Lucinda Williams on her upcoming memoir: “It was so satisfying to put the record straight.”

Three years ago, a stroke left medical professionals wondering whether Lucinda Williams would ever walk again. With dogged resilience, however, she returns this spring with her long-awaited memoir and her 16th album – whose guests include Bruce Springsteen, Margo Price and Angel Olsen. 

You wouldn’t consider it today, fresh from a triumphant European tour, but two years ago it seemed like Williams might never walk or pick up a guitar again. Back in November 2020, her partner Tom Oversby found her collapsed on the bathroom floor of their Nashville home. He rushed her to Vanderbilt Medical Centre where medics discovered a blood clot on the right side of her brain. The stroke affected the motor skills along the left half of her body; only timely intervention and the long, arduous process of rehab prevented more lasting and profound disability.

“It was kind of biblical, really,” she laughs now, recalling the shocking events of that year. “We’d been staying so much in Nashville while we were on tour it made sense to buy a place there. A couple of weeks after we closed on the house a tornado hit and took off part of the roof and blew up the porch. A few weeks after that, the pandemic came along. And then, just before Thanksgiving, I had my stroke…”


Thirty-five years on, 2023 is witnessing the prime of Lucinda Williams. Her new record, Stories From A Rock N Roll Heart, featuring guest appearances from Bruce Springsteen and Patti Scialfa, Jesse Malin and the Replacements’ Tommy Stinson, Margo Price and Angel Olsen, is a triumph – the kind of defiant, unabashed rock album only Williams’ could make.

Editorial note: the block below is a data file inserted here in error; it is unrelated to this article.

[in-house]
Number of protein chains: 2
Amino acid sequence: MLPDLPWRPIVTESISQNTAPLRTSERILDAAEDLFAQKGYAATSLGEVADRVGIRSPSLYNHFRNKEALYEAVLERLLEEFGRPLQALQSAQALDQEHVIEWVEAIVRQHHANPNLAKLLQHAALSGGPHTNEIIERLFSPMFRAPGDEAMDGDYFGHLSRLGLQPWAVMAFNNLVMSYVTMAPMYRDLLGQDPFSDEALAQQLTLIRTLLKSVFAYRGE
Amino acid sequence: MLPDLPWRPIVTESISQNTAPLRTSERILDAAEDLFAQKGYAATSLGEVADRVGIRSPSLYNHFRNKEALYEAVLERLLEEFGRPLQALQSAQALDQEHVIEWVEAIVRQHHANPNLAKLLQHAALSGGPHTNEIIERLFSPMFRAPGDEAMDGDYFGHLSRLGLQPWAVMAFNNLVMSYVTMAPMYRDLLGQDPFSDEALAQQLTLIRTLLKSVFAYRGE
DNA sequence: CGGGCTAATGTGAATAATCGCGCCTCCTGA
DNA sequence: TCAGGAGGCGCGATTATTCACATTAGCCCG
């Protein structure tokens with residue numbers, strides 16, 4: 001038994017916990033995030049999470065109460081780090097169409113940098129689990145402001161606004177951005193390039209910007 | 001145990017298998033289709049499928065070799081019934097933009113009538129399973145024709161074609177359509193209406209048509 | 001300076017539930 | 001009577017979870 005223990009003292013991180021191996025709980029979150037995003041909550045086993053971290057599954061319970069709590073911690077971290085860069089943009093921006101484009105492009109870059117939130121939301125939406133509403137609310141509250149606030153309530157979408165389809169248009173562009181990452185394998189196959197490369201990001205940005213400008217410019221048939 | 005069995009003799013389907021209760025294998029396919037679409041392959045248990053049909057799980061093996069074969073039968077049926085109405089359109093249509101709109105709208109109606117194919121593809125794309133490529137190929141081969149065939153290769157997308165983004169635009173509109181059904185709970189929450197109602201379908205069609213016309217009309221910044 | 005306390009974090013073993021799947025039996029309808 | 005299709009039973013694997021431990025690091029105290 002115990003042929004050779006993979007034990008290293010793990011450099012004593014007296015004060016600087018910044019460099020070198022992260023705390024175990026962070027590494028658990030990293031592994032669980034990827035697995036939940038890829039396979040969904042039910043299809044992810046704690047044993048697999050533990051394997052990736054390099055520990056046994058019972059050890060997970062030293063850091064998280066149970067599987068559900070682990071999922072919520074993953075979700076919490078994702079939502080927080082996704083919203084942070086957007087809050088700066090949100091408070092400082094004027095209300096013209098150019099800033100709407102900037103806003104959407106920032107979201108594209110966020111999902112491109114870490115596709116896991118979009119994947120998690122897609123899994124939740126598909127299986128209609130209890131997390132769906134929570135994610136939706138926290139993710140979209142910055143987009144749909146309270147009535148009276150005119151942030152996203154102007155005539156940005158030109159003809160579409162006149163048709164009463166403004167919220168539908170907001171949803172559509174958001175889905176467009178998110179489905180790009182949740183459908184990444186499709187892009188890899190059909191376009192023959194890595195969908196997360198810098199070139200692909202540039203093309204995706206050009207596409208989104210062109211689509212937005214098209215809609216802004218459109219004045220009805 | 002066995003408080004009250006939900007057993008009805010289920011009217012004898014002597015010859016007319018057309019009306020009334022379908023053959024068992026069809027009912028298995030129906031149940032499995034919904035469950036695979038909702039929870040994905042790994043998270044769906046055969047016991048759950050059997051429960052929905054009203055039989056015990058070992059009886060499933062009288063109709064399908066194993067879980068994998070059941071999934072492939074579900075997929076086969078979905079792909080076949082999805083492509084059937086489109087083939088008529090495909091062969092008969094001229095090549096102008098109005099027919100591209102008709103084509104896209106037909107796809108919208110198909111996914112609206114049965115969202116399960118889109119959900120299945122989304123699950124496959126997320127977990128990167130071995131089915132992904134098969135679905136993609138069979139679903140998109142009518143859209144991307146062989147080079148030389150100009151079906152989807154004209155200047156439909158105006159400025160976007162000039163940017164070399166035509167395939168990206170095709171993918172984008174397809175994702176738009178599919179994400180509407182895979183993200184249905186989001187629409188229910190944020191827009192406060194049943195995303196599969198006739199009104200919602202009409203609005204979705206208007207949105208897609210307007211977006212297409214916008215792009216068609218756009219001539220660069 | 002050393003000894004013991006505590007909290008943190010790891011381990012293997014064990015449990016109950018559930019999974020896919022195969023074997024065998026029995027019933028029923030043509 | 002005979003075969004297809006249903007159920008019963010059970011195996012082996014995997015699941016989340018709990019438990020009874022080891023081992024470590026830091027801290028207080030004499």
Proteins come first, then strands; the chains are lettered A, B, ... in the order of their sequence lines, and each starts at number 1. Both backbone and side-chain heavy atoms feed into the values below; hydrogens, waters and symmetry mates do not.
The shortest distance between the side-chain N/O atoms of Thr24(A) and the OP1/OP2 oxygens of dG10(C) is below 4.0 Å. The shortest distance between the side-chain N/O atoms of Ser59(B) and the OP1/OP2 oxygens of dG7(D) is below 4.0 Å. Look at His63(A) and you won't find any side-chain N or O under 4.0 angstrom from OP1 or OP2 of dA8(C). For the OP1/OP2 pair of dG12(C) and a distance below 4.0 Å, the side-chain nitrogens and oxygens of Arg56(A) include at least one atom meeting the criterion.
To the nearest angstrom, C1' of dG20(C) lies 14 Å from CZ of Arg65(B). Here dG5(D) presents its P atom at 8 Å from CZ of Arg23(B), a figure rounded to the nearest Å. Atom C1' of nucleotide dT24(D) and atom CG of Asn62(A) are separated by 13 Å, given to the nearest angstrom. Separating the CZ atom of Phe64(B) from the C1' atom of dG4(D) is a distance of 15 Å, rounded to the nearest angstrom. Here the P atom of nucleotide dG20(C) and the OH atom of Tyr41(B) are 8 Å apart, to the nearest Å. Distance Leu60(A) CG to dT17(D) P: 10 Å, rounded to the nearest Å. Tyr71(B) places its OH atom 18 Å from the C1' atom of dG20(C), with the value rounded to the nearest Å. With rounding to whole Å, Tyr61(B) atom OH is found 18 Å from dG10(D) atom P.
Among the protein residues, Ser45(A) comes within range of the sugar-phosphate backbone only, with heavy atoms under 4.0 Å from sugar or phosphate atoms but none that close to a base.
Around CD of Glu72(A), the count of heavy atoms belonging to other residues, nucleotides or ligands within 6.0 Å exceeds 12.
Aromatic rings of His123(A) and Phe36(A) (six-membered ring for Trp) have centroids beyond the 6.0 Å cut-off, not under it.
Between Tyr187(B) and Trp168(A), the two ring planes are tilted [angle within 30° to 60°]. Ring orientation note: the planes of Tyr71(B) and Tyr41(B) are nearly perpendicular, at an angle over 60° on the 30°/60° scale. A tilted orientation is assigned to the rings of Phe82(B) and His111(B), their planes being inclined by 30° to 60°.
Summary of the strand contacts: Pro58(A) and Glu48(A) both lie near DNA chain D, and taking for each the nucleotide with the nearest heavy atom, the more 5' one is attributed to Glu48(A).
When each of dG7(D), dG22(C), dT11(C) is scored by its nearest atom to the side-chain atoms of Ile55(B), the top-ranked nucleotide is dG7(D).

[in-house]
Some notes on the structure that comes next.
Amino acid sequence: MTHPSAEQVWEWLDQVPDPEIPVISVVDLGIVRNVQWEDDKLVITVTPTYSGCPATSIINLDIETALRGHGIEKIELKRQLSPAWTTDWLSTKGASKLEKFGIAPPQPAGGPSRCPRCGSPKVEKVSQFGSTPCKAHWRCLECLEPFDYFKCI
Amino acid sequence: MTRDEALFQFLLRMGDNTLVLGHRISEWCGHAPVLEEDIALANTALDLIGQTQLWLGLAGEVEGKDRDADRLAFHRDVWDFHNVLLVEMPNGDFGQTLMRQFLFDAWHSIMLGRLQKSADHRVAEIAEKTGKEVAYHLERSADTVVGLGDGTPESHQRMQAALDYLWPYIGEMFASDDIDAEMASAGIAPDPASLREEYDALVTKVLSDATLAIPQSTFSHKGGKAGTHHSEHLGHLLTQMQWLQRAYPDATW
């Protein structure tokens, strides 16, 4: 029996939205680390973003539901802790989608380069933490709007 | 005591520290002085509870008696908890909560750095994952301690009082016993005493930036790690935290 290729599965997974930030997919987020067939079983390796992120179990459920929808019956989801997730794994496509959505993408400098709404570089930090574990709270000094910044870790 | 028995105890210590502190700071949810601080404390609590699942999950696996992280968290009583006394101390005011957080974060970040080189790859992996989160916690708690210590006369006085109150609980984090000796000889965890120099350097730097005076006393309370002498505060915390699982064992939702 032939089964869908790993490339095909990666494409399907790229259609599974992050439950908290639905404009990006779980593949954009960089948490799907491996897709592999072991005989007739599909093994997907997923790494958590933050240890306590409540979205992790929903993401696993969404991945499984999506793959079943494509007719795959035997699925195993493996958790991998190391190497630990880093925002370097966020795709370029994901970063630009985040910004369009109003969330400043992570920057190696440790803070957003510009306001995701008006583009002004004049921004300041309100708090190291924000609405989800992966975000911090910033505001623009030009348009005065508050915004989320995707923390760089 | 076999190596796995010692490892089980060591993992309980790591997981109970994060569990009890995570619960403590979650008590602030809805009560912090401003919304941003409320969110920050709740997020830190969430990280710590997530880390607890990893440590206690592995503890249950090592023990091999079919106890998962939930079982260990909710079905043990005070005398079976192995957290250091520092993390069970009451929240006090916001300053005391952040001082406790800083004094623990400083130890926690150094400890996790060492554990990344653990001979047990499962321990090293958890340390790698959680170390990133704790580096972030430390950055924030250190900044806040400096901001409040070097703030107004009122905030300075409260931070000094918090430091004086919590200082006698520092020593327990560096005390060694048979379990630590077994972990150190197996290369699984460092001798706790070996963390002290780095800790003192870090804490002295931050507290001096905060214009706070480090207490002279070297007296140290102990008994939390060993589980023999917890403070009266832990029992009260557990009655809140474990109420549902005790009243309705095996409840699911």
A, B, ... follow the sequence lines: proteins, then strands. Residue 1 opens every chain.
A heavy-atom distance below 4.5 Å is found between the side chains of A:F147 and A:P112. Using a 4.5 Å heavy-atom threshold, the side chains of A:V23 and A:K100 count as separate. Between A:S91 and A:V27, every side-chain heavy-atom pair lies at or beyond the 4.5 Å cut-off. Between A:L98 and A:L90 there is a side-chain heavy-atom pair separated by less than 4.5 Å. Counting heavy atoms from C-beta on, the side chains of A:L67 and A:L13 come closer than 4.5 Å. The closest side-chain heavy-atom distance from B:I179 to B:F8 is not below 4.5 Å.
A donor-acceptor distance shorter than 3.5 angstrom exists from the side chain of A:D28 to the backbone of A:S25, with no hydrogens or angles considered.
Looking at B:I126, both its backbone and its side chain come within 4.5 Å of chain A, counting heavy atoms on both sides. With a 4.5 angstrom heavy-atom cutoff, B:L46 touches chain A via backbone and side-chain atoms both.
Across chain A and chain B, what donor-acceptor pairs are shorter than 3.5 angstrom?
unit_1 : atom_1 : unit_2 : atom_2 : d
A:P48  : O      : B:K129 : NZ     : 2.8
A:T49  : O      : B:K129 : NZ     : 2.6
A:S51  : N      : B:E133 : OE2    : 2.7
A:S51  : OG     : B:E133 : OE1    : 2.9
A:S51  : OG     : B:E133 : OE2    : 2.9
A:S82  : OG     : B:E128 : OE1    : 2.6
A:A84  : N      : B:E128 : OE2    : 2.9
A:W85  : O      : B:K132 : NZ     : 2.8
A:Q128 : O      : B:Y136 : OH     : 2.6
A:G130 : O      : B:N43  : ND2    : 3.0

Equally, her new memoir, Don’t Tell Anybody The Secrets I Told You, sees the full flowering of the prose writer her lyrics always hinted at. There’s a remarkable honesty to it. At times it is painful – such as when she’s reckoning with generational abuse and neglect, mental illness and destructive relationships – and occasionally hilarious, when recalling her freewheeling teens and ill-starred romantic dalliances.

Lucinda’s book chronicles a messy, peripatetic life of hotel rooms and troubled romance, a longstanding obsession with the “poet on a motorcycle” archetype and a motley crew of stupendously unworthy ne-’er-do-wells.

Most significantly, after decades of sexist reviews and features, the book allows Lucinda to tell her story, her way. A 1997 New York Times Magazine profile about the laborious recording of Car Wheels… that presented her as a perfectionist control freak still rankles. “It was pretty crazy,” she concedes. “It had been five years since my last record, but I remember specifically John Fogerty taking 11 years or so between albums, and not one word was said about it! It’s something I’ve never lived down, that whole perfectionism thing. It was so satisfying to put the record straight.”

Stories From A Rock N Roll Heart is released by Thirty Tigers on 30; Don’t Tell Anybody The Secrets I Told You is published by Simon & Schuster on April 27